Gulf investors may have seen their investments shrink, but hundreds of foreign labourers in the United Arab Emirates are suffering a far worse fate as a result of the Dubai-centered economic bust.
Abandoned by companies that pulled up stakes in the downturn, hundreds have been left with no pay, confiscated passports and barely enough food to survive.
One camp in the emirate of Sharjah has had no electricity for two months, and the 38 men from Pakistan and Bangladesh who live there haven’t received their $220-per-month wage for 10 months.
According to Al Jazeera's Dan Nolan, the men live together in cramped rooms and take their mattresses onto the roof at night to escape the oppressive summer heat, which can reach 50 degrees Celsius.
The workers say their Indian employer has fled the country, and though they have registered their abandoned status with a court, they have only received new passports in return.
The UAE's labour ministry says the problem is an isolated one.
"The total number affected is a few hundred workers out of 1.9 million workers in the construction industry," Humaid bin Dimas, the ministry's general manager, told Al Jazeera. "There are about 50,000 companies in this sector. There is no such phenomenon."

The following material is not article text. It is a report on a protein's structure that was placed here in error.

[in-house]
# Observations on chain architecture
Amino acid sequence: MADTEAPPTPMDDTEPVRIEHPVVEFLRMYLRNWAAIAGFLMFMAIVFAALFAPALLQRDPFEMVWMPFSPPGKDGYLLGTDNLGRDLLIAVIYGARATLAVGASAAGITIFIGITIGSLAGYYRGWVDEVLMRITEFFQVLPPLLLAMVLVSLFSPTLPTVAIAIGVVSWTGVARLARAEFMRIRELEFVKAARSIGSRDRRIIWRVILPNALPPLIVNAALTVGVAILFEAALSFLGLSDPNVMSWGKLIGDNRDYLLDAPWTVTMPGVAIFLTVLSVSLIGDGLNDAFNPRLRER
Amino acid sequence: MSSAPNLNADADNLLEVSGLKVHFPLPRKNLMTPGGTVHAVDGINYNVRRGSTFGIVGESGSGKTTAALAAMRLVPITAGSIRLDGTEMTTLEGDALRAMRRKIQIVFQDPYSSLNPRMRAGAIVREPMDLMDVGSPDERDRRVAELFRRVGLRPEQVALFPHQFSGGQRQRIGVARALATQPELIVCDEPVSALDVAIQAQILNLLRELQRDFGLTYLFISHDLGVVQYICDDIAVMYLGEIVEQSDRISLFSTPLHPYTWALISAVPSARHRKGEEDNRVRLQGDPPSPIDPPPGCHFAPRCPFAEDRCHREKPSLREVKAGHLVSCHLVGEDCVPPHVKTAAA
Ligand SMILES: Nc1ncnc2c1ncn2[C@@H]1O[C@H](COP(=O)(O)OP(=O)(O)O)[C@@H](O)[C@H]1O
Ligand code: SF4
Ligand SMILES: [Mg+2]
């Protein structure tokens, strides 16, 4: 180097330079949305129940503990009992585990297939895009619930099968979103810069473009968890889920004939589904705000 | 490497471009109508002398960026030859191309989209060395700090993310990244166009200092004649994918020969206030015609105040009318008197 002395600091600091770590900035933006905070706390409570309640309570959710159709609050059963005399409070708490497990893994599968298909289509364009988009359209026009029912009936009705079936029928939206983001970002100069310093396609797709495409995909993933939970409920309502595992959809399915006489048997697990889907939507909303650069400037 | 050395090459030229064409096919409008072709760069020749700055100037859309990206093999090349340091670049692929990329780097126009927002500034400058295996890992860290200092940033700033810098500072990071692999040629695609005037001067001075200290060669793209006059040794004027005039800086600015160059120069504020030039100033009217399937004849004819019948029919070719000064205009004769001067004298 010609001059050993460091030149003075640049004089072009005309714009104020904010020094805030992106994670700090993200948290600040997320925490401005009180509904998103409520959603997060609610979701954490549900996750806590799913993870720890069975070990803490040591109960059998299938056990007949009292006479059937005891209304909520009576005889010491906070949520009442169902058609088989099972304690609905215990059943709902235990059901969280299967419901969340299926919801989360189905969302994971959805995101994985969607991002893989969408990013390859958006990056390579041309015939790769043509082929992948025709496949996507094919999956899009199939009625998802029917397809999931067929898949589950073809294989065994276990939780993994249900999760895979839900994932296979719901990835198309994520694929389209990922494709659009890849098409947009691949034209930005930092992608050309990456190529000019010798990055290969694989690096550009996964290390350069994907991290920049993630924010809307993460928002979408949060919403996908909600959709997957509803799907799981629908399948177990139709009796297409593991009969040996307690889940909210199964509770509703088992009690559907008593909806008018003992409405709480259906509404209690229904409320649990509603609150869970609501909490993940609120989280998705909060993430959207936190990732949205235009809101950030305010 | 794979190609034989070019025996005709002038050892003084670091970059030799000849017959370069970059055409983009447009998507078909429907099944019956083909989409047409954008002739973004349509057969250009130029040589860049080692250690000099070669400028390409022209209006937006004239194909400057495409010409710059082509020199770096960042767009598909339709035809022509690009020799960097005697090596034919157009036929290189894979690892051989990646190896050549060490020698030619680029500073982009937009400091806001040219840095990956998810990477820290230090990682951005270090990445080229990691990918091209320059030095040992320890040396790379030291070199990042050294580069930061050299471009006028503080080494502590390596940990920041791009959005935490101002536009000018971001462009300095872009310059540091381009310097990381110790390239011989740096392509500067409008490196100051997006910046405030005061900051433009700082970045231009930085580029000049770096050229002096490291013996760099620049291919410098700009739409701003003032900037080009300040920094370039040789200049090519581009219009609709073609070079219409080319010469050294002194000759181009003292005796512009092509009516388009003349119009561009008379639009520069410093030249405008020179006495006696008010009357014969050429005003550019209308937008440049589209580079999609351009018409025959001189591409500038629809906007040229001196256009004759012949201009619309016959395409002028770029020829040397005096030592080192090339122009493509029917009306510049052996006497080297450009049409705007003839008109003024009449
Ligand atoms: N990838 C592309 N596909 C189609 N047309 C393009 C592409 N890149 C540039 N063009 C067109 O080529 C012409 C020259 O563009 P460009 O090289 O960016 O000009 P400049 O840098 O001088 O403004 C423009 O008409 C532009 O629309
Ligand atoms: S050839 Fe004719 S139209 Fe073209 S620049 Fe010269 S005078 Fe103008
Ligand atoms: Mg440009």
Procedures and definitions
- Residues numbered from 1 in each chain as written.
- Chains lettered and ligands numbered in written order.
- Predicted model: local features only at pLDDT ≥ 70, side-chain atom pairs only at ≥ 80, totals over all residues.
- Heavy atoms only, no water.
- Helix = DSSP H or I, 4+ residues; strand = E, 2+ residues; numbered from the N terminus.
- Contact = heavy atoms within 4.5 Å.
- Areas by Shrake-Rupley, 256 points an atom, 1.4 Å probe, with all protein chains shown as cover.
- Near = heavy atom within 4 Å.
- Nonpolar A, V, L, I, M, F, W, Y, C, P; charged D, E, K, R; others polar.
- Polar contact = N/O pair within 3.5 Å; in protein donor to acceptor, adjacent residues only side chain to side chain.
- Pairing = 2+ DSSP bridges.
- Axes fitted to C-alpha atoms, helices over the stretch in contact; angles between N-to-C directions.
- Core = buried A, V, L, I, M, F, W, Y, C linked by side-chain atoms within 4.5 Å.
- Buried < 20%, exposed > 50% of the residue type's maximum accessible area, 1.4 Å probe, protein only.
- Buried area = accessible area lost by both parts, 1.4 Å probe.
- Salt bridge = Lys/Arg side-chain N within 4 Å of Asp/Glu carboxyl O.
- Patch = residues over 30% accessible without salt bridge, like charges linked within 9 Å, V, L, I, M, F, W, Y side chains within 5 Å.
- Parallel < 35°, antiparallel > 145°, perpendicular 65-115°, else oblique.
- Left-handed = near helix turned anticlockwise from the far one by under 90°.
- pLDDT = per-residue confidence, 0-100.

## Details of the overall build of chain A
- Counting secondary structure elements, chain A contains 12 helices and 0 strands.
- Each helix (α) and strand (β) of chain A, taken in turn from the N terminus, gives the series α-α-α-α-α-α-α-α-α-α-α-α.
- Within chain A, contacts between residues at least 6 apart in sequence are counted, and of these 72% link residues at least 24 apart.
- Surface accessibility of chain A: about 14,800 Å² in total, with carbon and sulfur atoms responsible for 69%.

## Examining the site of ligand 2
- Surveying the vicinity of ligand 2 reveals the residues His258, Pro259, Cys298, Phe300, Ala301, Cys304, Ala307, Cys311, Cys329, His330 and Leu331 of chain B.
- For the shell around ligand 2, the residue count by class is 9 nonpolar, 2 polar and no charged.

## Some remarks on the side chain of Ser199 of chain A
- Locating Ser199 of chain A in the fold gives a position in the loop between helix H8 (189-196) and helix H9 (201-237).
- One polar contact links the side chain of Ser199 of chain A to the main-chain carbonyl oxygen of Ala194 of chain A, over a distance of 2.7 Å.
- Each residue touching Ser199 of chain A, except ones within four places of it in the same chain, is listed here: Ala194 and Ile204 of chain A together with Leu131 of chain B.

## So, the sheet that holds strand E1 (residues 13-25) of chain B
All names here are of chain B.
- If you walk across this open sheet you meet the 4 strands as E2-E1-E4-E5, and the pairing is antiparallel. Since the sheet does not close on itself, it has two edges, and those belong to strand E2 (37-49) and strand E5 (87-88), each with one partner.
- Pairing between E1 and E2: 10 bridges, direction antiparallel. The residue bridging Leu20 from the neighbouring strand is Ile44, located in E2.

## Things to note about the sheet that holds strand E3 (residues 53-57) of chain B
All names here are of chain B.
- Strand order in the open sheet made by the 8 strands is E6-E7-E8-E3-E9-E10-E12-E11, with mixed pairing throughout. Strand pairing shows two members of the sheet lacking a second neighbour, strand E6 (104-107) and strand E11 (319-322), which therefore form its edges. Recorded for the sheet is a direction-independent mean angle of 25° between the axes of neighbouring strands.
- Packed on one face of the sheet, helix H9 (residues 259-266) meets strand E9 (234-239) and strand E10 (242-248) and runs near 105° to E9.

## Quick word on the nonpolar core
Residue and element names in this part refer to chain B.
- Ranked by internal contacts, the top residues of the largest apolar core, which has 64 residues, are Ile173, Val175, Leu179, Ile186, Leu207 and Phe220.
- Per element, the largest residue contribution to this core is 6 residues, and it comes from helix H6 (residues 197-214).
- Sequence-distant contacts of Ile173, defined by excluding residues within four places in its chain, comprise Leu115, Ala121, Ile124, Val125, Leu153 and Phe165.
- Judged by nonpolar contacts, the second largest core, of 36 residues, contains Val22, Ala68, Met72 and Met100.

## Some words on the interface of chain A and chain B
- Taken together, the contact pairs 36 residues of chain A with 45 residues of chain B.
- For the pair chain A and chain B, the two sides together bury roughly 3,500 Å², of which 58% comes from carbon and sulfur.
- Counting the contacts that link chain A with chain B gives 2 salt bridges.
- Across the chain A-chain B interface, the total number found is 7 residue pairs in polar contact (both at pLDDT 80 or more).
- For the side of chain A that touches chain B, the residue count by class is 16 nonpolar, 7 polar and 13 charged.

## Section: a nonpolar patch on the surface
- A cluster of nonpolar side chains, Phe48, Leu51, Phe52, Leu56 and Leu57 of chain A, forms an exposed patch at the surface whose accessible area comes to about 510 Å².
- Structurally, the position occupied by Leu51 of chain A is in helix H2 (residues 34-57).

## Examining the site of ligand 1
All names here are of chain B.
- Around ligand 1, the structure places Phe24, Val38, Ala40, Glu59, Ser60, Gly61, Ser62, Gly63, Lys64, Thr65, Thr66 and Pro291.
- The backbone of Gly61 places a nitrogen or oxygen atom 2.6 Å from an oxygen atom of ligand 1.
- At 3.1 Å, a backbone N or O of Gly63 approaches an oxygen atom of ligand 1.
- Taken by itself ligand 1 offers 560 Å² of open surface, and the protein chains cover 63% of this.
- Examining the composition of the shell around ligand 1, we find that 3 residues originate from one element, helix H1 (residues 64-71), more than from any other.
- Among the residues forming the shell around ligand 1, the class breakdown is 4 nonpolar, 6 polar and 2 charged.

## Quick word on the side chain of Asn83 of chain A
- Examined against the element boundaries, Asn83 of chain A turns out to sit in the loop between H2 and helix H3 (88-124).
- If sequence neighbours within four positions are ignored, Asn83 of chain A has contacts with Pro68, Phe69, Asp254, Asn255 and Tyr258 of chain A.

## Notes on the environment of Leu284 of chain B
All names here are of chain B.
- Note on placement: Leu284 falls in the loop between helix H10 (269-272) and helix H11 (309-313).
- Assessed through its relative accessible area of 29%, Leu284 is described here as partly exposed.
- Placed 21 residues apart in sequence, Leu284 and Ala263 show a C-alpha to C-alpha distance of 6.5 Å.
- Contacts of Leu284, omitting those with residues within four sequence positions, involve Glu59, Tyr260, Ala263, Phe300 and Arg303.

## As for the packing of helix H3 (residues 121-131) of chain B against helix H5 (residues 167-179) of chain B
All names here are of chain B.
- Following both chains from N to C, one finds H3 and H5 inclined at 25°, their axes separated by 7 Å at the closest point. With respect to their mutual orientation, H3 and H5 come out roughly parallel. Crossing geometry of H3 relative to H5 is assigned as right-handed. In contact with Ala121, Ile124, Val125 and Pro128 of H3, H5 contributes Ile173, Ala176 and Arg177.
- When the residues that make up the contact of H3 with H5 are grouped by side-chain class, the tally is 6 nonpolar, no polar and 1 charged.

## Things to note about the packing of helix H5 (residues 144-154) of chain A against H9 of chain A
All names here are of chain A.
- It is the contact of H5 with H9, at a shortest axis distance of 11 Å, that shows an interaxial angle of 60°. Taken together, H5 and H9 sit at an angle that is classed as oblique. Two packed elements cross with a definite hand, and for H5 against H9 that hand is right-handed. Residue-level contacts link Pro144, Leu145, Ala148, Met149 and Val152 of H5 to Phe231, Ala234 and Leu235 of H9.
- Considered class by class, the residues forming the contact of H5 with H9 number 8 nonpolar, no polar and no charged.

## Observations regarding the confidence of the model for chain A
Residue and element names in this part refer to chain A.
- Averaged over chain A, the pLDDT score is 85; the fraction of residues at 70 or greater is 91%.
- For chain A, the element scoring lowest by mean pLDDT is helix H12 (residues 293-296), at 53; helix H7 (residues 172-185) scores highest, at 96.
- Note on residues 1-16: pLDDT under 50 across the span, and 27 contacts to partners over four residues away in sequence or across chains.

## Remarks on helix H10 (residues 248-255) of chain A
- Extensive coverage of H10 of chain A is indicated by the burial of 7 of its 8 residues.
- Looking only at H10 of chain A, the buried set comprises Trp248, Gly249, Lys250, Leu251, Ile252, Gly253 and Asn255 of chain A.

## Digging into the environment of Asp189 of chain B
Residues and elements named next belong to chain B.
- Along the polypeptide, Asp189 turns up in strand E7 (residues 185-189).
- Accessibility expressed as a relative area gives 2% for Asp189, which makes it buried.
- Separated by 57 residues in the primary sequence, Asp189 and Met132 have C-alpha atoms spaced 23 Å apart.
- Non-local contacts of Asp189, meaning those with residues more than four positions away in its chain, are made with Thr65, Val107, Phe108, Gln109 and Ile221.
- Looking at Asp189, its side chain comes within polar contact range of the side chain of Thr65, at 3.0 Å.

Around 12 million foreign workers are estimated to live in the Gulf, where they are forbidden to form labour unions.
Some progress on workers' rights has been achieved, and the labour laws on the books in certain countries, including the UAE, does technically protect workers, Azfar Khan, a senior migration specialist at the International Labour Organisation, told Al Jazeera.
But such laws often are not enforced due to "policy incoherence", Khan said, especially in the UAE, where workers in different industries are covered by different sets of laws.
Still, the promise of higher wages seems likely to continue luring laborers to the Gulf. But the abandoned workers in the Sharjah camp say they want to return.
Source: Al Jazeera